Mayakovskoye

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Coordinates: 54°31′12″N 22°03′56″E / 54.52000°N 22.06556°E / 54.52000; 22.06556

Angrapa River in Kaliningrad Oblast

Mayakovskoye (Russian: Маяко́вское; German: Nemmersdorf; Lithuanian: Nemirkiemis) is a rural locality (a settlement) in Kaliningrad Oblast, Russia, located to the southeast of the town of Gusev, on the banks of the Angrapa (Angerapp) river.

Until 1945, the settlement Nemmersdorf was a part of German East Prussia. It became known during World War II on October 22, 1944 as the site of the first Soviet war crime on German territory against Germans, the Nemmersdorf massacre.

The Old Prussian derived from the name refers to marshes in the area (nemiršele, "Marsh Forget-me-not").

History[edit]

Mayakovskoye developed as the Prussian village called Nemmersdorf. The Old Prussian name derived from the name refers to marshes in the area (nemiršele or "Marsh Forget-me-not").

The first documented mention of the village was in 1515 in a decree of the Central Office Insterburg (now Russian: Chernyakhovsk).[1]

In 1910 the village counted a total of 484 residents, the number rising to 637 by 1939.[2] Between 1874 and 1945 Nemmersdorf was the main urban centre to the administrative district within the county Nemmersdorf-Gumbinnen in the administrative district of Gumbinnen inside the Prussian province of East Prussia. The municipality included 13 rural communities including the villages Kaimelswerder (Russian: Maximowka), Gut Pennacken (Russian: Orlovka) and Waldhaus Nemmersdorf.[3]

On 22 October 1944 the area was the scene of a massacre perpetrated by Soviet soldiers against German civilians and French and Belgian noncombattants. Determining the facts has aroused controversy.[4]

Following World War II Nemmersdorf came under Soviet administration in 1946 and received the new place name "Majakowskoje". The native German population who survived the massacre either fled or were formally expelled.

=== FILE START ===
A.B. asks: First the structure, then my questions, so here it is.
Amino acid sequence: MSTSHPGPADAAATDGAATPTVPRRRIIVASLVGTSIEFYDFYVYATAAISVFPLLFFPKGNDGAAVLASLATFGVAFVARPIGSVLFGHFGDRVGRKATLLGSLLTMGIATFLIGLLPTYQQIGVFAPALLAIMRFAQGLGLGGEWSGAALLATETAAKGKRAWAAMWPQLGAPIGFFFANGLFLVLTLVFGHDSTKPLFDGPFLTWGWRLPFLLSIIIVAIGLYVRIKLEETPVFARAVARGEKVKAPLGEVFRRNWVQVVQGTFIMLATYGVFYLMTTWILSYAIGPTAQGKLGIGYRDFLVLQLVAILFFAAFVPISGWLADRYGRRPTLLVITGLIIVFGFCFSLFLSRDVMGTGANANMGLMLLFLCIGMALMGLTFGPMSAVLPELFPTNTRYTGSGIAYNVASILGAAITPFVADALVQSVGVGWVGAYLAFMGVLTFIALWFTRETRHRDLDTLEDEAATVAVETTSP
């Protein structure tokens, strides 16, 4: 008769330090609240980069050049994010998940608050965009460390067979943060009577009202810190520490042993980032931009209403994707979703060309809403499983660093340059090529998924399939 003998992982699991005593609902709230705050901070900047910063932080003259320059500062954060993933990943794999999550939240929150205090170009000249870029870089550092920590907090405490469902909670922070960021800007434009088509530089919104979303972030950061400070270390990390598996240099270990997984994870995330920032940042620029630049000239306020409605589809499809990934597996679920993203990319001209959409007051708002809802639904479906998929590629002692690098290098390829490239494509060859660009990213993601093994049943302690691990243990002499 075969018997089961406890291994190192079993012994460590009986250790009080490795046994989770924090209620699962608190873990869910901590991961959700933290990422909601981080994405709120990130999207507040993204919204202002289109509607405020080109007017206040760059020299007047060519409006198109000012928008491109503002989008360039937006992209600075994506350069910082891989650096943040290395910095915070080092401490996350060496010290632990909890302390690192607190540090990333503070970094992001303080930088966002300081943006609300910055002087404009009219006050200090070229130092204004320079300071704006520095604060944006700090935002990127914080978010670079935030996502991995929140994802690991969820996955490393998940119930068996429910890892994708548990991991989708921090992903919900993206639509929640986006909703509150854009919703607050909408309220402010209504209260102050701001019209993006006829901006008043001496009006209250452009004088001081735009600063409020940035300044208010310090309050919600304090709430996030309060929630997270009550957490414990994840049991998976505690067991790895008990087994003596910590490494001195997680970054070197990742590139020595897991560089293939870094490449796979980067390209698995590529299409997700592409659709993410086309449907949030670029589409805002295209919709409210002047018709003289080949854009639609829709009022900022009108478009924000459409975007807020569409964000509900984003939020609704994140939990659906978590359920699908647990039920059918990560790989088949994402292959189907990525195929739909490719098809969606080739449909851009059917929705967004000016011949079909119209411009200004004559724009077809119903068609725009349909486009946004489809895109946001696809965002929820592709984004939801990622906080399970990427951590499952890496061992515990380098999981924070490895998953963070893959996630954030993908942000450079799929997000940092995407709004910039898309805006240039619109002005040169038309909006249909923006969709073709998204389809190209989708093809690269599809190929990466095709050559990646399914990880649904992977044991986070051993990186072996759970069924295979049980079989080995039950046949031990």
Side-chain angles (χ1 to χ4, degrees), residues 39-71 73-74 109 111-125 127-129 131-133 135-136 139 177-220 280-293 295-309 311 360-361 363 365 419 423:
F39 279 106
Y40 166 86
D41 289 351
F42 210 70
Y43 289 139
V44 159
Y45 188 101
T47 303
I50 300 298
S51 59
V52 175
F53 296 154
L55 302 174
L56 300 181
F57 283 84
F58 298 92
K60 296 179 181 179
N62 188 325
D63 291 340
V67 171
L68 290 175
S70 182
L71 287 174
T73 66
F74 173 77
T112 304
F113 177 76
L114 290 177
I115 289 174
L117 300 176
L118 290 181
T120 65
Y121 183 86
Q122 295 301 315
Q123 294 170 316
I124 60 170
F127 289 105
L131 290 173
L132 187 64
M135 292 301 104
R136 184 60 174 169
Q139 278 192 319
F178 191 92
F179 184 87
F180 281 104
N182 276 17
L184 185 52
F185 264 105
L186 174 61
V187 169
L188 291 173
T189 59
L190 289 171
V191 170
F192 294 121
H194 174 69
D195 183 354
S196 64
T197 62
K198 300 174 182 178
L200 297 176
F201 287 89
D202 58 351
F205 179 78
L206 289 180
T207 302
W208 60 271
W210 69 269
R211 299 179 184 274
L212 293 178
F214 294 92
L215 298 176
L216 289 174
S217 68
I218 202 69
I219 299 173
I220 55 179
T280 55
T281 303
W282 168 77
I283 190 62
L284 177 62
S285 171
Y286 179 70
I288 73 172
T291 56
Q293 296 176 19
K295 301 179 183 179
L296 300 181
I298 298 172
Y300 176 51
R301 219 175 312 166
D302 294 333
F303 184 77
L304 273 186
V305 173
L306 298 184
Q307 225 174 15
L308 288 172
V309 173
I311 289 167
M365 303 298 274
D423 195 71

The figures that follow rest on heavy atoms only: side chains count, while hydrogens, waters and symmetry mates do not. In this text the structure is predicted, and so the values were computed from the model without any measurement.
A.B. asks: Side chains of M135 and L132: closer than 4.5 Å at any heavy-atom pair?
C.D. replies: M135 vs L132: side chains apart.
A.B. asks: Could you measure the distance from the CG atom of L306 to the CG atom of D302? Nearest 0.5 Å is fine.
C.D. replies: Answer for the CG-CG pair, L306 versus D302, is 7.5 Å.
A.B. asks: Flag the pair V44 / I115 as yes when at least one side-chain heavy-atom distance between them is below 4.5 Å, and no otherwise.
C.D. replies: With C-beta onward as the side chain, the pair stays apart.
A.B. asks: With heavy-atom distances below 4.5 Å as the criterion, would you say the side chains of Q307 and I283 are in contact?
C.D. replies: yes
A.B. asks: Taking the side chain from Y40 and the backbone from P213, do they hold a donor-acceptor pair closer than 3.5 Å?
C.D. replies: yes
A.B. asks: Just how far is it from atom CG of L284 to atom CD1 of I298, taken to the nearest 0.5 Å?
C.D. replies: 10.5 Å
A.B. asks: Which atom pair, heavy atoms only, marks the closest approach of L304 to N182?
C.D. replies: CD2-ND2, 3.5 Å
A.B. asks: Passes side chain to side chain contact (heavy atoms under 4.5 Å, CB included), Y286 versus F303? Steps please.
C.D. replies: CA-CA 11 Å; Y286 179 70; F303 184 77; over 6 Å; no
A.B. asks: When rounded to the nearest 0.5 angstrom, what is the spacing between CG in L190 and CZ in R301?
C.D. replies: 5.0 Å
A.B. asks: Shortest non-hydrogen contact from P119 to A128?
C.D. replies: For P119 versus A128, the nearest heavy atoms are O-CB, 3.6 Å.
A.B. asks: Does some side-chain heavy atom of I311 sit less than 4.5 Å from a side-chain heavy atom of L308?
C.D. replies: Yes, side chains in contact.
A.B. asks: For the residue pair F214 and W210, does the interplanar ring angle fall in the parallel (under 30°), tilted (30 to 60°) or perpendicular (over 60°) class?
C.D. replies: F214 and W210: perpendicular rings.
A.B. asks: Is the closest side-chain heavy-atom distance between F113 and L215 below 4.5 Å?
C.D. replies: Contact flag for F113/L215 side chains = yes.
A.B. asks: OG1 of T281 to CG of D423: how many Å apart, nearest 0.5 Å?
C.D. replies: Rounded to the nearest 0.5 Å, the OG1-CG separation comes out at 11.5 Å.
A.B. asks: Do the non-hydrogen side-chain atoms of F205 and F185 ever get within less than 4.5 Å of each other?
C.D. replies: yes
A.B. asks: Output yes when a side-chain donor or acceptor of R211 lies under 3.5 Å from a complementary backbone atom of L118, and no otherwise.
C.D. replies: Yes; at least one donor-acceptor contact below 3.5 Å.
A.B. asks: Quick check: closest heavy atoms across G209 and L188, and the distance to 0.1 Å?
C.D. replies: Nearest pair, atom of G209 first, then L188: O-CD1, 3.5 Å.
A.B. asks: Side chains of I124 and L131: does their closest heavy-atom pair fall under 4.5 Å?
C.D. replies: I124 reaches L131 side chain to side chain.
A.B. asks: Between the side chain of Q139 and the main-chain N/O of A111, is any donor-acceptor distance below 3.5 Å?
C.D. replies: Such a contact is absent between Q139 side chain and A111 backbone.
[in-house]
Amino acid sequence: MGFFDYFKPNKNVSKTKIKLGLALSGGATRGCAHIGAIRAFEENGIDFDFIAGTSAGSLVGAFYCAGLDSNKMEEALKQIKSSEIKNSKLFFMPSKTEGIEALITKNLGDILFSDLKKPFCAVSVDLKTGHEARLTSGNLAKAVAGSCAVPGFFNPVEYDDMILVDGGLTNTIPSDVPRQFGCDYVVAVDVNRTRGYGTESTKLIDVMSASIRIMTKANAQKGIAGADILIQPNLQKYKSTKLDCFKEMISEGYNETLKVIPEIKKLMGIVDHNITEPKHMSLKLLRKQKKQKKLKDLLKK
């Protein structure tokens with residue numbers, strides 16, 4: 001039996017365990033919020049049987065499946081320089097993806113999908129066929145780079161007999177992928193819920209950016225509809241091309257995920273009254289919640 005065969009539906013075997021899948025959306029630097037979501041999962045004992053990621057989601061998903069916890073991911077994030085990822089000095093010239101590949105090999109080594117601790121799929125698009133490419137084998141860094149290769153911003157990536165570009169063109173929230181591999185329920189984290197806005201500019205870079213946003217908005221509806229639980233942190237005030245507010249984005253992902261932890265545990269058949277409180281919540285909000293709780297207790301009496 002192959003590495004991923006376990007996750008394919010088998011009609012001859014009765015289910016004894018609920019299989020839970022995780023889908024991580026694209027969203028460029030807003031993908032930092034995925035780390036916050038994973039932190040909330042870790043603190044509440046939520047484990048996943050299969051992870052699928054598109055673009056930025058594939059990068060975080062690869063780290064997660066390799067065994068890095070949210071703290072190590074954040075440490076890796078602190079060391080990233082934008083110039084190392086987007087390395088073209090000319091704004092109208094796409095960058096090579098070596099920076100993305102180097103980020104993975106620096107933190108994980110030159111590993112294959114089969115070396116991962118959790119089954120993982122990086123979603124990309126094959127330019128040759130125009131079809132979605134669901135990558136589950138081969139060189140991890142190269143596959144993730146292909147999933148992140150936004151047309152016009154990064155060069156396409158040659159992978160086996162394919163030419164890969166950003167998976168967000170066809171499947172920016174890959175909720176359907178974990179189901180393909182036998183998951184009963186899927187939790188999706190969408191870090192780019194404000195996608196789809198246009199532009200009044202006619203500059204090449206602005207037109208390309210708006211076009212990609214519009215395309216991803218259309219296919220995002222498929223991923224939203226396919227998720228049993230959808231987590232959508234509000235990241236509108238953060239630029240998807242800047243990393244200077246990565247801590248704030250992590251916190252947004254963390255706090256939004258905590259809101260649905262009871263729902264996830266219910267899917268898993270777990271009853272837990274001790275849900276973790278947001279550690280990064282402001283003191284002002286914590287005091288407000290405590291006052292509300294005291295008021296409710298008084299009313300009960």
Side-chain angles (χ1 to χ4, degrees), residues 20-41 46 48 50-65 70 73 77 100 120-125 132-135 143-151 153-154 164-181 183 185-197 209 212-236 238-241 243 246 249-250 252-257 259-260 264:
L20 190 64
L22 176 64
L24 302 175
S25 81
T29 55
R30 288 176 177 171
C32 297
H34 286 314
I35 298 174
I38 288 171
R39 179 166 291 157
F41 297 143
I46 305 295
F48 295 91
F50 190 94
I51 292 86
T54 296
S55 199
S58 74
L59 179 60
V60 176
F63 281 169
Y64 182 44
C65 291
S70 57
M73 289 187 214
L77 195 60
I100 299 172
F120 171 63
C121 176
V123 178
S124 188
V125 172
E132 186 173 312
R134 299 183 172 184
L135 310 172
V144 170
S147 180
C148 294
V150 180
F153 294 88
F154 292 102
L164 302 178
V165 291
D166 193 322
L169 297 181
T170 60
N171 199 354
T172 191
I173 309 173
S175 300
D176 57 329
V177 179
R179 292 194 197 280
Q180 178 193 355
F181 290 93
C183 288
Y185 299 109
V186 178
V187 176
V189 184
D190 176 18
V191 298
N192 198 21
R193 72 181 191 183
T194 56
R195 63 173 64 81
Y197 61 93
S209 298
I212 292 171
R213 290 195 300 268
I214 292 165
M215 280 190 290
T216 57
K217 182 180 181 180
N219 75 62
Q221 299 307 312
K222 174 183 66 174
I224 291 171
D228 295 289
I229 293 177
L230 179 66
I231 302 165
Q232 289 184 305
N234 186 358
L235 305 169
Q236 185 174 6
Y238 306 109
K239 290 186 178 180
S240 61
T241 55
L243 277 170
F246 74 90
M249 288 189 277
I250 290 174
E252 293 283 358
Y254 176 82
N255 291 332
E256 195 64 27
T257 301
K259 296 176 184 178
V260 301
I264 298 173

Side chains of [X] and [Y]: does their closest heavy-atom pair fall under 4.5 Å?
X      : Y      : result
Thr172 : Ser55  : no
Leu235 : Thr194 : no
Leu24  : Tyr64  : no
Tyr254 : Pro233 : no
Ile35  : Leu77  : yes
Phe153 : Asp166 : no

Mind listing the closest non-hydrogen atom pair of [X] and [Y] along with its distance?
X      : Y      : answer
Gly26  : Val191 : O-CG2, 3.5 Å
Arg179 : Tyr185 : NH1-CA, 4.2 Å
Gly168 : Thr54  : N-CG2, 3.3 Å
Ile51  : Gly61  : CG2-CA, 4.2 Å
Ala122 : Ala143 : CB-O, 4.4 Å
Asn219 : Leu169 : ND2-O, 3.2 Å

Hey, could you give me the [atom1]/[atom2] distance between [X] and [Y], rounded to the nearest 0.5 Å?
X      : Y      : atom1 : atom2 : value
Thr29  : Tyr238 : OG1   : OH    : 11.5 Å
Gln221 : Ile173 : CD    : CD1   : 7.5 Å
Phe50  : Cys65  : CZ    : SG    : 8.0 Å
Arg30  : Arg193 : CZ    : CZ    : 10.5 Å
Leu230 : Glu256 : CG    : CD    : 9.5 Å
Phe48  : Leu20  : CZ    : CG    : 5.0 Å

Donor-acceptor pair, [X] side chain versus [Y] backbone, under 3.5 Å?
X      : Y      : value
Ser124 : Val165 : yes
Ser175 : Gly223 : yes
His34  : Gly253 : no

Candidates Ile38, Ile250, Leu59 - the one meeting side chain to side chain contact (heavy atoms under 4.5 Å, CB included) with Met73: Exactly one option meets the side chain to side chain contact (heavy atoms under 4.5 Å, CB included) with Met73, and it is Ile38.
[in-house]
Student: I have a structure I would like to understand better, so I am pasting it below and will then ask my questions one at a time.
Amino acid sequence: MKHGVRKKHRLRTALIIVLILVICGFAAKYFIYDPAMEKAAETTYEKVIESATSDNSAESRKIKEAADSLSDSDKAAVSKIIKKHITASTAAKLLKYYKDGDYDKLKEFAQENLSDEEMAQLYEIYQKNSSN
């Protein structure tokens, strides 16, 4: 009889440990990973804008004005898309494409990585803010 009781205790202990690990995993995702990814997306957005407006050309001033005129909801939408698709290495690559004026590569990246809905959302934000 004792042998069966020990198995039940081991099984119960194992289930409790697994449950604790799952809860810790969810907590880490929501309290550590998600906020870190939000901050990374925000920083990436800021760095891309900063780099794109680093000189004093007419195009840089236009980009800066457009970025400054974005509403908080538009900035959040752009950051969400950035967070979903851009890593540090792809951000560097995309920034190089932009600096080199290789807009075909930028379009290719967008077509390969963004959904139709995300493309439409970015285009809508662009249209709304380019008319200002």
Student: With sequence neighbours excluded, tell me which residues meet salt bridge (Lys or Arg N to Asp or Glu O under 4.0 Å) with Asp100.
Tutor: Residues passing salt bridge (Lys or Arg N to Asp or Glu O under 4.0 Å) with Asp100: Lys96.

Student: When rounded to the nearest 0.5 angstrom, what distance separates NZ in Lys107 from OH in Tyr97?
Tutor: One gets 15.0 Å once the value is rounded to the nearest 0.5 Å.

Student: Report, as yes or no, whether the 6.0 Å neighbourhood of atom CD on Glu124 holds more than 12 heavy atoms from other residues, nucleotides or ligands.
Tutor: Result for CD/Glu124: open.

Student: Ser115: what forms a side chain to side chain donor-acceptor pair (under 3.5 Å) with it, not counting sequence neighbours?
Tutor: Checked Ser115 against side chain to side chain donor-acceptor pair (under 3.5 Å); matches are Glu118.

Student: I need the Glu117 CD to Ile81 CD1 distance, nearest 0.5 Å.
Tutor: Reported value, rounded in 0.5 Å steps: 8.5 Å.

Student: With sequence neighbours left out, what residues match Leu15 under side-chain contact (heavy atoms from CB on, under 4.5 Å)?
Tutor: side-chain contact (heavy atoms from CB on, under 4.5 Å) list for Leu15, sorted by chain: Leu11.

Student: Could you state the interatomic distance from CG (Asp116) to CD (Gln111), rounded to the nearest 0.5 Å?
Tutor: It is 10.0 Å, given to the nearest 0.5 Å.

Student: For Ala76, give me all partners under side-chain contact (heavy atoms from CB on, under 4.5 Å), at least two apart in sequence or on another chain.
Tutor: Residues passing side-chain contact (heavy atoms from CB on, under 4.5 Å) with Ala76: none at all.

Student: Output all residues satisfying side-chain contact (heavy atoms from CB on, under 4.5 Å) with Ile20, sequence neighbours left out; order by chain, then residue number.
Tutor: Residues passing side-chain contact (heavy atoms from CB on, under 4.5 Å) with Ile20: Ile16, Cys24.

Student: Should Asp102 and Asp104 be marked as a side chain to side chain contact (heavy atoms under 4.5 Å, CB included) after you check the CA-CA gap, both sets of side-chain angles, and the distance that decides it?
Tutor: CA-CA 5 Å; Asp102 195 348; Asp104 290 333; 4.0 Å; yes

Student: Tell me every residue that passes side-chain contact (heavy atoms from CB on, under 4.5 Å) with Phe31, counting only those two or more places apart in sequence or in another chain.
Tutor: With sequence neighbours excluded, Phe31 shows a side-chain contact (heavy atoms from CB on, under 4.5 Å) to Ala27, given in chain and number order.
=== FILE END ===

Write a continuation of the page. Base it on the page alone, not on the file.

By the year 2009, the urban centre of "Mayakovsky Soviet" (village Soviet Majakowskoje) had been incorporated in the 27 villages. Because of structural and administrative reform in 2009 was Majakowskoje central location for the Majakowskoje selskoje posselenije (rural municipality Majakowskoje).[5]

Church[edit]

The Nemmersdorf stone church was constructed on the orders Albert, Duke of Prussia, but it was completed after his death, in 1589. It was a simple rectangular bay near the Angerapp (Russian: Angrapa) river, with sacristy facing east. In 1769 the church was renovated with an altar from the workshop of Isaac of Riga.[6]

The church has survived two world wars, despite the damage in 1944 and the nave has been preserved, now with a flat ceiling, although the tower is missing. After 1945 the church was used for other purposes and as a business building. In the early 1960s it was rebuilt and now serves as a cultural center and library.

Until 1945, Nemmersdorf was predominantly Protestant with 30 Protestant clergy.[7] During the Soviet period church life was forbidden. Only in the 1990s was the new Kaliningrad Oblast evangelical church organised. The Parish belongs to the Provost's Kaliningrad Evangelical Lutheran Church in European Russia.[8]

Footnotes[edit]

  1. ^ http://www.kreis-gumbinnen.de/index.php?option=com_content&view=article&id=300&Itemnid=119
  2. ^ http://www.verwaltungsgeschichte.de/gumbinnen.html
  3. ^ http://territorial.de/ostp/gumbinn/nemmersd.htm
  4. ^ Fisch, Bernhard. Nemmersdorf, Oktober 1944: Was in Ostpreußen tatsächlich geschah. Berlin: 1997. ISBN 3-932180-26-7
  5. ^ Nach dem Gesetz über die Zusammensetzung und Territorien der munizipalen Gebilde der Oblast Kaliningrad vom 25. Juni/1. Juli 2009, nebst Gesetz Nr. 255 vom 30. Juni 2008, präzisiert durch Gesetz Nr. 370 vom 1. Juli 2009
  6. ^ http://www.ostpreussen.net/index.php?seite_id=12&kreis=05&stadt=03&bericht=02
  7. ^ Friedwald Moeller, Altpreußisches evangelisches Pfarrerbuch von der Reformation bis zur Vertreibung im Jahre 1945, Hamburg, 1968, Seite 100
  8. ^ http://www.propstei-kaliningrad.info/

References[edit]

  • Brandenburg, Christel Weiss and Dan Laing. Ruined by the Reich: Memoir of an East Prussian Family, 1916-1945. McFarland & Company. ISBN 0-7864-1615-7
  • Dönhoff, Marion. Namen die keiner mehr nennt. Munich: Deutscher Taschenbücher Verlag, 1962.
  • Fisch, Bernhard. Nemmersdorf, Oktober 1944: Was in Ostpreußen tatsächlich geschah. Berlin: 1997. ISBN 3-932180-26-7
  • Samuel, Wolfgang. "War on the Ground", in The War of Our Childhood: Memories of World War II, University Press of Mississippi. ISBN 1-57806-482-1
  • Thorwald, Jürgen.Wielka ucieczka (Große Flucht). Kraków: Wydawnictwo Literackie, 1998. ISBN 83-08-02890-X